I grab a gallon of milk from the dairy cooler. The young man stocking the section is stopped behind his lactose-laden cart, texting on his phone. He’s confirming his date tonight. No, I change my mind, it’s sooner, not later, a first date, a lunch date. I catch a whiff of Axe spray and nervousness.

The Frozen Foods aisle is amusingly inhabited solely by other males. Teenaged, middle-aged, and myself, falling somewhere in between. Each one of us flying solo with our baskets and carts. Could we possibly all share the same story? Single, lazy, horrible in the kitchen? I can’t do that to us. So, instead, we are busy altruists; we place very little emphasis on eating, and focus instead on saving the world.

Basket full, I make a break for it, dodging the shoppers with unfinished business, their stories coming in rapid staccato. Church-going couple, well-dressed, fought in the car. Off duty officer scanning for trouble out of habit. Kids buying candy to sneak into the nearby theater. And then, I’m at the line of registers. Pick a lane, any lane. They’re all backed up. I eyeball the Express Lane, but it’s gridlocked too. I’m not sure I qualify for “12 Items and Under,” anyway.  Not if each banana counts.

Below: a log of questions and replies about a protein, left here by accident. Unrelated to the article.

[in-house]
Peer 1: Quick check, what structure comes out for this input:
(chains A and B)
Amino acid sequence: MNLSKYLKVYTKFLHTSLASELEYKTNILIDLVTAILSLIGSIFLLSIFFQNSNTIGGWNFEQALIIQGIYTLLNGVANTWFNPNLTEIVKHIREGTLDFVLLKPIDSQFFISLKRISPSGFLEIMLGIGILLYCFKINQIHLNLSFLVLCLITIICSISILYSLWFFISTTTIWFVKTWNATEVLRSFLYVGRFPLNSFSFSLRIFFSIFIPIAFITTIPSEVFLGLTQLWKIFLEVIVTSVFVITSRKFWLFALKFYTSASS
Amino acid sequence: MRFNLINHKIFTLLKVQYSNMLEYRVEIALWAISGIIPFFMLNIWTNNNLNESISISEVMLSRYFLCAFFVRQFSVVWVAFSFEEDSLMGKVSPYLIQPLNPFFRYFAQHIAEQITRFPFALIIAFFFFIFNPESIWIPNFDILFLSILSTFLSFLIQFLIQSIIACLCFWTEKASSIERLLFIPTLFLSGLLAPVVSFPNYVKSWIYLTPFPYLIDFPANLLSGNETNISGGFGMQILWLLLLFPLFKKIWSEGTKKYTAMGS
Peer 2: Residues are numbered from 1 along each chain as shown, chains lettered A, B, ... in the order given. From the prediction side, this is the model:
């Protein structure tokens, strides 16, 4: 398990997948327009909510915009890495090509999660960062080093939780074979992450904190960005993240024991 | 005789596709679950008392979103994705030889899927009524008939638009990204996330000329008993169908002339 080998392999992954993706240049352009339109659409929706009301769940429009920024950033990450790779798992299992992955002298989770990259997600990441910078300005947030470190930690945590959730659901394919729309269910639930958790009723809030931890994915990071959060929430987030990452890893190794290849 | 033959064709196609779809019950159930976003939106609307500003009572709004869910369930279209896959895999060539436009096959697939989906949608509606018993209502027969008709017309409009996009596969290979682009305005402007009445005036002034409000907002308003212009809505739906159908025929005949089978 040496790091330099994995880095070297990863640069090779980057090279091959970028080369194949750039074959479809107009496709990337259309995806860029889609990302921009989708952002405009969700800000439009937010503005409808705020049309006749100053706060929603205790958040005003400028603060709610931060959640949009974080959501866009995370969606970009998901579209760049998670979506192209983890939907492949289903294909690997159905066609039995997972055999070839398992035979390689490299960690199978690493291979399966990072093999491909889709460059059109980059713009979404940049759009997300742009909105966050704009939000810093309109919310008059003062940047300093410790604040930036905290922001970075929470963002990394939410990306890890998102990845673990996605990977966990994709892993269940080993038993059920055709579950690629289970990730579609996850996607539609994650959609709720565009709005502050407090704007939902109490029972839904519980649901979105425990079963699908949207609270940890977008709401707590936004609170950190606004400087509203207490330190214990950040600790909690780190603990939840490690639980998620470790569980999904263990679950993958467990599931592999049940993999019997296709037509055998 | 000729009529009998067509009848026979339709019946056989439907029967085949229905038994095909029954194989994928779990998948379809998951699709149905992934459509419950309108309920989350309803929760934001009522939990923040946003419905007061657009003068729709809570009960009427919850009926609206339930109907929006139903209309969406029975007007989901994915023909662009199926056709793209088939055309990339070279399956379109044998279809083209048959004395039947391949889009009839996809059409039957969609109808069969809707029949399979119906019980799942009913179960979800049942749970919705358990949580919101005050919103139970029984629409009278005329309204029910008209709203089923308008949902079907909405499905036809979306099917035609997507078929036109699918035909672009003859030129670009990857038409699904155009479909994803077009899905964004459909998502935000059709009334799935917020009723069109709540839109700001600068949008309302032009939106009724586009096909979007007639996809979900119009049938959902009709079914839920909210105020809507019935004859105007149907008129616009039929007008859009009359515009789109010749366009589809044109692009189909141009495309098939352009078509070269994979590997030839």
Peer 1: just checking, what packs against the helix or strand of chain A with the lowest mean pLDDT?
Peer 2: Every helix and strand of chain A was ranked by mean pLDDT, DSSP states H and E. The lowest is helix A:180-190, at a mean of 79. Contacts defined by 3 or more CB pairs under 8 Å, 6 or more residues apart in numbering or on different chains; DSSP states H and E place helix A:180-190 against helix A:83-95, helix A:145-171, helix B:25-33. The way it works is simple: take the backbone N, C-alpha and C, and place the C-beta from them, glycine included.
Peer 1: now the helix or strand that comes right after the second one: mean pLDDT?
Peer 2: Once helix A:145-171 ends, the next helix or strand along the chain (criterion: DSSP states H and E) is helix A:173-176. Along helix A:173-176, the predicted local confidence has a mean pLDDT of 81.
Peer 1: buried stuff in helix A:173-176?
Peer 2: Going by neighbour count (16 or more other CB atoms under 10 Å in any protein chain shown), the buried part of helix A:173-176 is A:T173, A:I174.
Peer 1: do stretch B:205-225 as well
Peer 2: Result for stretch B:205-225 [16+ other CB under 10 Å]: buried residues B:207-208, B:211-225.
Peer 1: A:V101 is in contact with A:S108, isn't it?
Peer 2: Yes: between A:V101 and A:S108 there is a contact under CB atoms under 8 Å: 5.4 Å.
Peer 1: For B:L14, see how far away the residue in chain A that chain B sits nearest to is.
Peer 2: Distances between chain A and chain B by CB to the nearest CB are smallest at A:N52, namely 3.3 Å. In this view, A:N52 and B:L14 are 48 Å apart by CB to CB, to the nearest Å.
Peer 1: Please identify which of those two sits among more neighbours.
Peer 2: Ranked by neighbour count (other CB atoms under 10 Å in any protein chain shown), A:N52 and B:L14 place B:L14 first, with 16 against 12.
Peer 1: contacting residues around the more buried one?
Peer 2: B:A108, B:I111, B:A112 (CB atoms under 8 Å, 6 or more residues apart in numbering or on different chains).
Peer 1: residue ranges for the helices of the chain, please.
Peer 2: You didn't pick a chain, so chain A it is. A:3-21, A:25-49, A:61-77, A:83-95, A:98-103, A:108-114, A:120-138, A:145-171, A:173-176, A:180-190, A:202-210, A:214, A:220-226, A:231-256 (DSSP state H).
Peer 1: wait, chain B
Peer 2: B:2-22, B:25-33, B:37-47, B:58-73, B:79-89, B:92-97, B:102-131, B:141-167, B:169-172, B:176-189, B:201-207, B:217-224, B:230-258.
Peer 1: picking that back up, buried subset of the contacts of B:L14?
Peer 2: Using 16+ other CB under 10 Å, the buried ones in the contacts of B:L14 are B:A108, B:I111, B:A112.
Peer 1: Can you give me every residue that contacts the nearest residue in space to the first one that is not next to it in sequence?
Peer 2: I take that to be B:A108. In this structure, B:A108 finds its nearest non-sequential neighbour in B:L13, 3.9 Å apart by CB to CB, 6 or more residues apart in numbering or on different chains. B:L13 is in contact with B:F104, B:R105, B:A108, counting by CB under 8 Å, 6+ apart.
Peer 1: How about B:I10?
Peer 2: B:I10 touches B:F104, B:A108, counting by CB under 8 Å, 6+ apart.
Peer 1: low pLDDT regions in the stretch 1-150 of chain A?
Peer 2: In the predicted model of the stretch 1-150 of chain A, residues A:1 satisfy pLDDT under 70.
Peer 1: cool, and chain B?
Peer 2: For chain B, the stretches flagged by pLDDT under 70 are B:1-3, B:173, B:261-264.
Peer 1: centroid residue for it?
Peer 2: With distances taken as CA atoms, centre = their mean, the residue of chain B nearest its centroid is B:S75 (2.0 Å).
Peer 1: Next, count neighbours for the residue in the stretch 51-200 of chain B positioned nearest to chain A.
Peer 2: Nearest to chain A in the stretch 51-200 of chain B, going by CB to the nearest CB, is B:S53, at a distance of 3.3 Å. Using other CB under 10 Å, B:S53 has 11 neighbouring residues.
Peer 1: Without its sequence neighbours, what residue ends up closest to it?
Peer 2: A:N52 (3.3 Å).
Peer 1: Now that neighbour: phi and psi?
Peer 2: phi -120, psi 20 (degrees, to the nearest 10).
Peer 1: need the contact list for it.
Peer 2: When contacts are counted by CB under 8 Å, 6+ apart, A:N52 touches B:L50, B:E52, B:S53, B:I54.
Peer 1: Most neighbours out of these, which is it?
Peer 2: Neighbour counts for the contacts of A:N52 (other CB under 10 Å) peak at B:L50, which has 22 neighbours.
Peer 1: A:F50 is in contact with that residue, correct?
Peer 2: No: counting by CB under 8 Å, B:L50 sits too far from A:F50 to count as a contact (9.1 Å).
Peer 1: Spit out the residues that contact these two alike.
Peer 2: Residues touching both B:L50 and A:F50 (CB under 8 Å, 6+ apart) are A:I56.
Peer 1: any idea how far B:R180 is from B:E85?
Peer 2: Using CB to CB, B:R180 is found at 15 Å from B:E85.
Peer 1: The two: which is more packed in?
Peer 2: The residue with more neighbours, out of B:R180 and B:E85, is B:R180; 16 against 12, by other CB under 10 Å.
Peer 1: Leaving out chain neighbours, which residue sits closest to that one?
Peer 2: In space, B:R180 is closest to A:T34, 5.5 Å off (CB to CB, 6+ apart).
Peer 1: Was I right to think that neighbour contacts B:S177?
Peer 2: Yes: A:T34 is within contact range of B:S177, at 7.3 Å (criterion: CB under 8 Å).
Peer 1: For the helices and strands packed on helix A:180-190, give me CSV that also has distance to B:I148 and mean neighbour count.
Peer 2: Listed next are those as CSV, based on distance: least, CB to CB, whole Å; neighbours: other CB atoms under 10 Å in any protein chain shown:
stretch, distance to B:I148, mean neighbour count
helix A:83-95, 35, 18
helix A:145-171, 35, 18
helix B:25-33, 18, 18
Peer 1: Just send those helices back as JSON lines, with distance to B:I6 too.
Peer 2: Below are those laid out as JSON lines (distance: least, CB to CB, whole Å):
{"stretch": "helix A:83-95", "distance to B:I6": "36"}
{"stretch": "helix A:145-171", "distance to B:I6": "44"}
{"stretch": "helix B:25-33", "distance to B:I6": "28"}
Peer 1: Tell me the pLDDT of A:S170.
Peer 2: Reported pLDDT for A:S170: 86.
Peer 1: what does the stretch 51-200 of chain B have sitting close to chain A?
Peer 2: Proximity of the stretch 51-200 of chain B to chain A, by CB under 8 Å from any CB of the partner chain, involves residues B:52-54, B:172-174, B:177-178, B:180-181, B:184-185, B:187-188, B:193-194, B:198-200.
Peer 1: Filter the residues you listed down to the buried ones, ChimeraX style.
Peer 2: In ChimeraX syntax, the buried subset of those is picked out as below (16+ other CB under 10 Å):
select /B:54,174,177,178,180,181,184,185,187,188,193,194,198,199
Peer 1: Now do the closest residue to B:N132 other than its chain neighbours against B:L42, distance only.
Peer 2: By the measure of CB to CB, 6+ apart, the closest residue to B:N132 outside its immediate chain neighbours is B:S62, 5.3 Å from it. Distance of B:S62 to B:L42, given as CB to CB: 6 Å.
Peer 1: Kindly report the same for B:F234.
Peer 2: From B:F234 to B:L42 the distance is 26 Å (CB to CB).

“Patience is a virtue,” my long-gone father’s voice recites in my head, quickly followed by my own thought, Today you can add “virtuous” to your resume. While the line creeps forward at the speed of molten lava, I surreptitiously read the headlines of the tabloids. Here’s where one learns the real news of the world – which celebrity is pregnant and by whom, who is breaking hearts and breaking up in Hollywood, and what Elvis is up to now. Every few minutes, I shift the increasingly heavy basket from my right hand to my left. Might as well work out both biceps. After about the fifth rep, I feel a tug on my sleeve from behind me.

I turn in time to see the culprit returning to behind his shopping cart; the elderly man I’d encountered in Produce. “Put your basket in here,” he says, pointing to the empty front of his cart. “No thank you,” I begin to say, but he’s insistent, and it’s a pretty good idea. Oxygenated blood rushes into my grateful arms. We have a brief conversation as our newly formed convoy makes progress.  This is his first time shopping alone since his wife of over fifty years passed, he reveals, eyes tearing up. The contents of his cart all but confirm that he’s shopping for one. Half gallon of milk, white bread, salami and assorted cold cuts, hot dogs, pickles, mayonnaise, bananas. “No Express Lane for you?” I ask, changing the subject. He gestures at the bananas. “There’s six of those,” he says, a shadow of a smile sweeping quickly across his face. Great minds.